HAP2U has just been awarded a CES innovation prize, for integrating haptic technology into a mobile application.
After raising capital with Daimler and producing solutions to integrate haptic technology into the car and the home, HAP2U has now developed a solution, HAP2Phone, for the mobile phone. We decided to interview the design team, represented by Anne Vikhrova, UX/UI, to learn more about the design process.
What does applying haptic technology to a mobile phone actually mean?
Anne Vikhrova: Haptics are actually already used in mobile technology. When your phone vibrates for example, this is a form of feedback. The user is being informed that something
has happened, you’ve received a message, or a call for example. The difference with our technology is that it is localized, which means we are able to provide specific feedback. Rather than just the entire phone vibrating, a user can be informed, of an action by a simple change of texture under the fingertips.
What benefit does that bring the user?
Fundamentally we are looking to help the user navigate more easily. This could be to switch applications, to validate a command, to move throughout a web page. By providing signals to the user at each stage of their navigation, it becomes easier for them to understand where they are in the process and what they need to do to complete their journey.
Is this technology user friendly?
Of course, that is our aim. Initially users are surprised by haptics simply because they are not used to it, but ideally, haptics allow the user to understand the cause and effect relationship between an action and its result.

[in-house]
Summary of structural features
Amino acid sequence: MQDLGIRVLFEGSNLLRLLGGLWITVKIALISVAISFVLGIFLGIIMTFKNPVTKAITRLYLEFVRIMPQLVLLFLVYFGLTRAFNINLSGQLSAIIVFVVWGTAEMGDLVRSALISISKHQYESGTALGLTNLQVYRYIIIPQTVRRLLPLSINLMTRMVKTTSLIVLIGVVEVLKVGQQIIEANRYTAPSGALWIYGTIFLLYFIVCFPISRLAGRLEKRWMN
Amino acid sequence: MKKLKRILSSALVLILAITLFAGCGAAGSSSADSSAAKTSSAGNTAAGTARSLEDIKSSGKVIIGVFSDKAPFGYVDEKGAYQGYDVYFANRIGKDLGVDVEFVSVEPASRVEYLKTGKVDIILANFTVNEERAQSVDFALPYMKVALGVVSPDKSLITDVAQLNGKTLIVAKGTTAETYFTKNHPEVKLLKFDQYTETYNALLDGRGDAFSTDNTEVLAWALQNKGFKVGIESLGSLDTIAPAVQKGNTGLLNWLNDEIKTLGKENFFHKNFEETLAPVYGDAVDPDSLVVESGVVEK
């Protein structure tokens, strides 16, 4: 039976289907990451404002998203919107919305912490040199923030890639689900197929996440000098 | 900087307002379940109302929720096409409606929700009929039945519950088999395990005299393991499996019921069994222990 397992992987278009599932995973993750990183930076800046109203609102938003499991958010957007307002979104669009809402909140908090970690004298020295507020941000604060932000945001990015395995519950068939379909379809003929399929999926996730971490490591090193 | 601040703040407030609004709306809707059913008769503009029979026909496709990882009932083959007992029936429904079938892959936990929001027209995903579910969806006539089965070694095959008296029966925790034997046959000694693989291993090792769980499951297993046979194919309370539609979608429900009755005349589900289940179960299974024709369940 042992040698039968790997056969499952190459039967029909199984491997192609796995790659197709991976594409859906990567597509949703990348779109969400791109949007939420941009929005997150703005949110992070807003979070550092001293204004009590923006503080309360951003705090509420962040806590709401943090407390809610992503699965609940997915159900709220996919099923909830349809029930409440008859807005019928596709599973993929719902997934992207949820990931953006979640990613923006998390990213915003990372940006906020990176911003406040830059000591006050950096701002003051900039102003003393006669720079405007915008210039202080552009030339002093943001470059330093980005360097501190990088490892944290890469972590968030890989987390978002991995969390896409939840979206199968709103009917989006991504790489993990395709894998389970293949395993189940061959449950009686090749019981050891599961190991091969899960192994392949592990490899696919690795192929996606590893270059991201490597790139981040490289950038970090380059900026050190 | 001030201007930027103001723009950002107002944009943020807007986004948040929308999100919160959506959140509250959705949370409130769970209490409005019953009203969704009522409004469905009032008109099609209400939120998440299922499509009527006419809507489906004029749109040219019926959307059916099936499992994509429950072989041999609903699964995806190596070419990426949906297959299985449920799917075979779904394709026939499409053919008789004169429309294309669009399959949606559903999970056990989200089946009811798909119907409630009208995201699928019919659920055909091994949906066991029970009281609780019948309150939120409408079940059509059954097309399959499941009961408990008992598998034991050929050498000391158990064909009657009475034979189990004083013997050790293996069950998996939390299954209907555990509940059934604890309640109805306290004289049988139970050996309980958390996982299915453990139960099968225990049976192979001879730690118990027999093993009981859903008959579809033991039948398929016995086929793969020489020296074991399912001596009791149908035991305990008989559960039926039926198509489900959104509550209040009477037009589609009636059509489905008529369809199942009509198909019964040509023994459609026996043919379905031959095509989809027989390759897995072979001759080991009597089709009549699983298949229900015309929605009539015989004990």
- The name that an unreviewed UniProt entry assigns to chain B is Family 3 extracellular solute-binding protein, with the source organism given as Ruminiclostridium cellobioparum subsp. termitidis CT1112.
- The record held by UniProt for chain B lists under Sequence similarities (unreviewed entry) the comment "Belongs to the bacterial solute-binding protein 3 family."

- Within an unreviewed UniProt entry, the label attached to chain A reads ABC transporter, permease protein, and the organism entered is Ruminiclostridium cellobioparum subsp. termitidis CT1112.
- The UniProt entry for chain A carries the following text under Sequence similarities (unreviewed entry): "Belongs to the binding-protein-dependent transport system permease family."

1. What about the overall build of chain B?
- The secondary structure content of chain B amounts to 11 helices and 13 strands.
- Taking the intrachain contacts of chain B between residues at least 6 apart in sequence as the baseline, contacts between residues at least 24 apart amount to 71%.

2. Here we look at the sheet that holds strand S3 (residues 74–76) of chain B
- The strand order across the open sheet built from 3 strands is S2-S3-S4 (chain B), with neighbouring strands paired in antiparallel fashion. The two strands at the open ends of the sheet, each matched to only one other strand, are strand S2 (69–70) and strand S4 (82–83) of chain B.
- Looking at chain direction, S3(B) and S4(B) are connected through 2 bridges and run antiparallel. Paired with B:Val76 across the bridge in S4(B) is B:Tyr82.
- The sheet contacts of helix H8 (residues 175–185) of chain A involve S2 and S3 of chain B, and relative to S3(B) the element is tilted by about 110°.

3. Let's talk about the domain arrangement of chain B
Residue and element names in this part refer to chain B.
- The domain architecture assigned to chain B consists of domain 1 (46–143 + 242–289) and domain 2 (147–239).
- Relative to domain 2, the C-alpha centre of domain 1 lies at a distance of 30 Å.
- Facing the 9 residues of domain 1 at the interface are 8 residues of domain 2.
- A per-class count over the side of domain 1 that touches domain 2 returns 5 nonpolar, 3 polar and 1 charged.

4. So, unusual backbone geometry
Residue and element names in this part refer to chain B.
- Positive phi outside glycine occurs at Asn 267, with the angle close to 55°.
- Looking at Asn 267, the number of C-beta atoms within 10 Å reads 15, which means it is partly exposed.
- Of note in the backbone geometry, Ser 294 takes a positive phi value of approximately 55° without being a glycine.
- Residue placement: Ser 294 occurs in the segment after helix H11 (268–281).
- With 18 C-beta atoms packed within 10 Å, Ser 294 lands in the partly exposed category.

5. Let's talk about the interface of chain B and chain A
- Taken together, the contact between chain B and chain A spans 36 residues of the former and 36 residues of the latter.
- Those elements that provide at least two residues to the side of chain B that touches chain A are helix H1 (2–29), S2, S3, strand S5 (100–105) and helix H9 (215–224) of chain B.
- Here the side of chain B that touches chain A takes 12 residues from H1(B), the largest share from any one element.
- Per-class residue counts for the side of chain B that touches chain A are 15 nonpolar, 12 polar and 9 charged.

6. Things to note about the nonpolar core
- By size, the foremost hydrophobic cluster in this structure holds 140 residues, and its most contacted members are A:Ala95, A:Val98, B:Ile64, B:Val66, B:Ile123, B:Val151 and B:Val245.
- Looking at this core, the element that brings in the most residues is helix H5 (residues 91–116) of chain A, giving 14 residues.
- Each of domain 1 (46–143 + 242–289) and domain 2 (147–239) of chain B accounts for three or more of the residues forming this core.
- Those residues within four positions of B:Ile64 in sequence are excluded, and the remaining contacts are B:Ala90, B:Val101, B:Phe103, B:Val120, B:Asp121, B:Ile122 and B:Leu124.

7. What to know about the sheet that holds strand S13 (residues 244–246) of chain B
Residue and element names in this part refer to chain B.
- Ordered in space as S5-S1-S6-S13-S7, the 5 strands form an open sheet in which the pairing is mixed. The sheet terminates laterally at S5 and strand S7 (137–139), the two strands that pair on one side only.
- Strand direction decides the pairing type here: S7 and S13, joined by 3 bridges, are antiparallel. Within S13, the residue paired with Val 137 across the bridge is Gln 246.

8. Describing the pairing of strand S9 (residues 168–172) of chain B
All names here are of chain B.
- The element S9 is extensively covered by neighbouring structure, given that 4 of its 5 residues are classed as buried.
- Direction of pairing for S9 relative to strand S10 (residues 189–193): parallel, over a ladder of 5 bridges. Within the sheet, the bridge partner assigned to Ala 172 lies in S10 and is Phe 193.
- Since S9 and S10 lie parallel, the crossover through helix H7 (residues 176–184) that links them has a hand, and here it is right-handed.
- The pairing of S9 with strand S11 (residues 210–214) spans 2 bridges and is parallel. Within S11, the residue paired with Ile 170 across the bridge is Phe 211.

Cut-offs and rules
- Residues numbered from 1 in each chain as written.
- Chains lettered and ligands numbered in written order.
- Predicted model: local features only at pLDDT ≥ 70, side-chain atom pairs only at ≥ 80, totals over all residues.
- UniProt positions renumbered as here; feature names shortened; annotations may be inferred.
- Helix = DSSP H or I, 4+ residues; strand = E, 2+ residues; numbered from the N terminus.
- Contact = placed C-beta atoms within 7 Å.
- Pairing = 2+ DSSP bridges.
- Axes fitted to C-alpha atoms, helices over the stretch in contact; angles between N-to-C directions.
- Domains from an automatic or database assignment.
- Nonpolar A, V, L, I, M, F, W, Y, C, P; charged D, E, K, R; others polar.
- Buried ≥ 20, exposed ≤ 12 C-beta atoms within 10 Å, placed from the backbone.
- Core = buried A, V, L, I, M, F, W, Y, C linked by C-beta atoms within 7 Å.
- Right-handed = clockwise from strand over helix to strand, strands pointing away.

How did the design team go about the research phase for this new application of haptics?
By analyzing what applications already exist and studying what users do with those applications. Then we set about imagining how we could integrate haptic technology to make navigating easier for the user. For the moment, all of our research and testing is carried out in-house.
What sort of features have you included in the prototype?
The basic features that most users action, for example making a call, accessing contacts, setting an alarm, playing a game or playing a video app to watch a film.
What was the whole process that you went through to develop the product from beginning to end?
We always begin by researching user interaction with mobile phones and various mobile applications. Then, we defined the type of localized haptic feedback we thought was pertinent to integrate. After that, it’s simply a loop of ongoing review. The design and the production are an iterative process. The process of creating an application is never finished but we’re really happy with the result.
How long did it take to develop?
How long is a piece of string? It depends where you start from and any UX designer knows that the journey is never complete. It’s an interactive process that never ends. At some point, the team feels that we are close enough to launch a prototype, but we know that this is just the start of an ongoing journey.
What was the biggest challenge?
Understanding the complex needs of the users and finding ways in which haptic technology could respond to those needs. Defining the problem is always a difficult task for any UX designer. If you get the problem wrong, the solution is clearly of no use.
What did you learn on your journey?
That we will always be learning and it is the learning process that keeps the project exciting. As designers, we jump from global macro influences to detailed micro interactions. It’s all about asking the right question at the right time.
How do you see this product evolving?
That’s impossible to answer right now. We just need to keep learning from how people are using mobile devices and identify areas where we can intelligently integrate haptics.
And finally, what advice would you give a young student designer looking to launch their career?
Stay curious and open minded. Keep asking questions.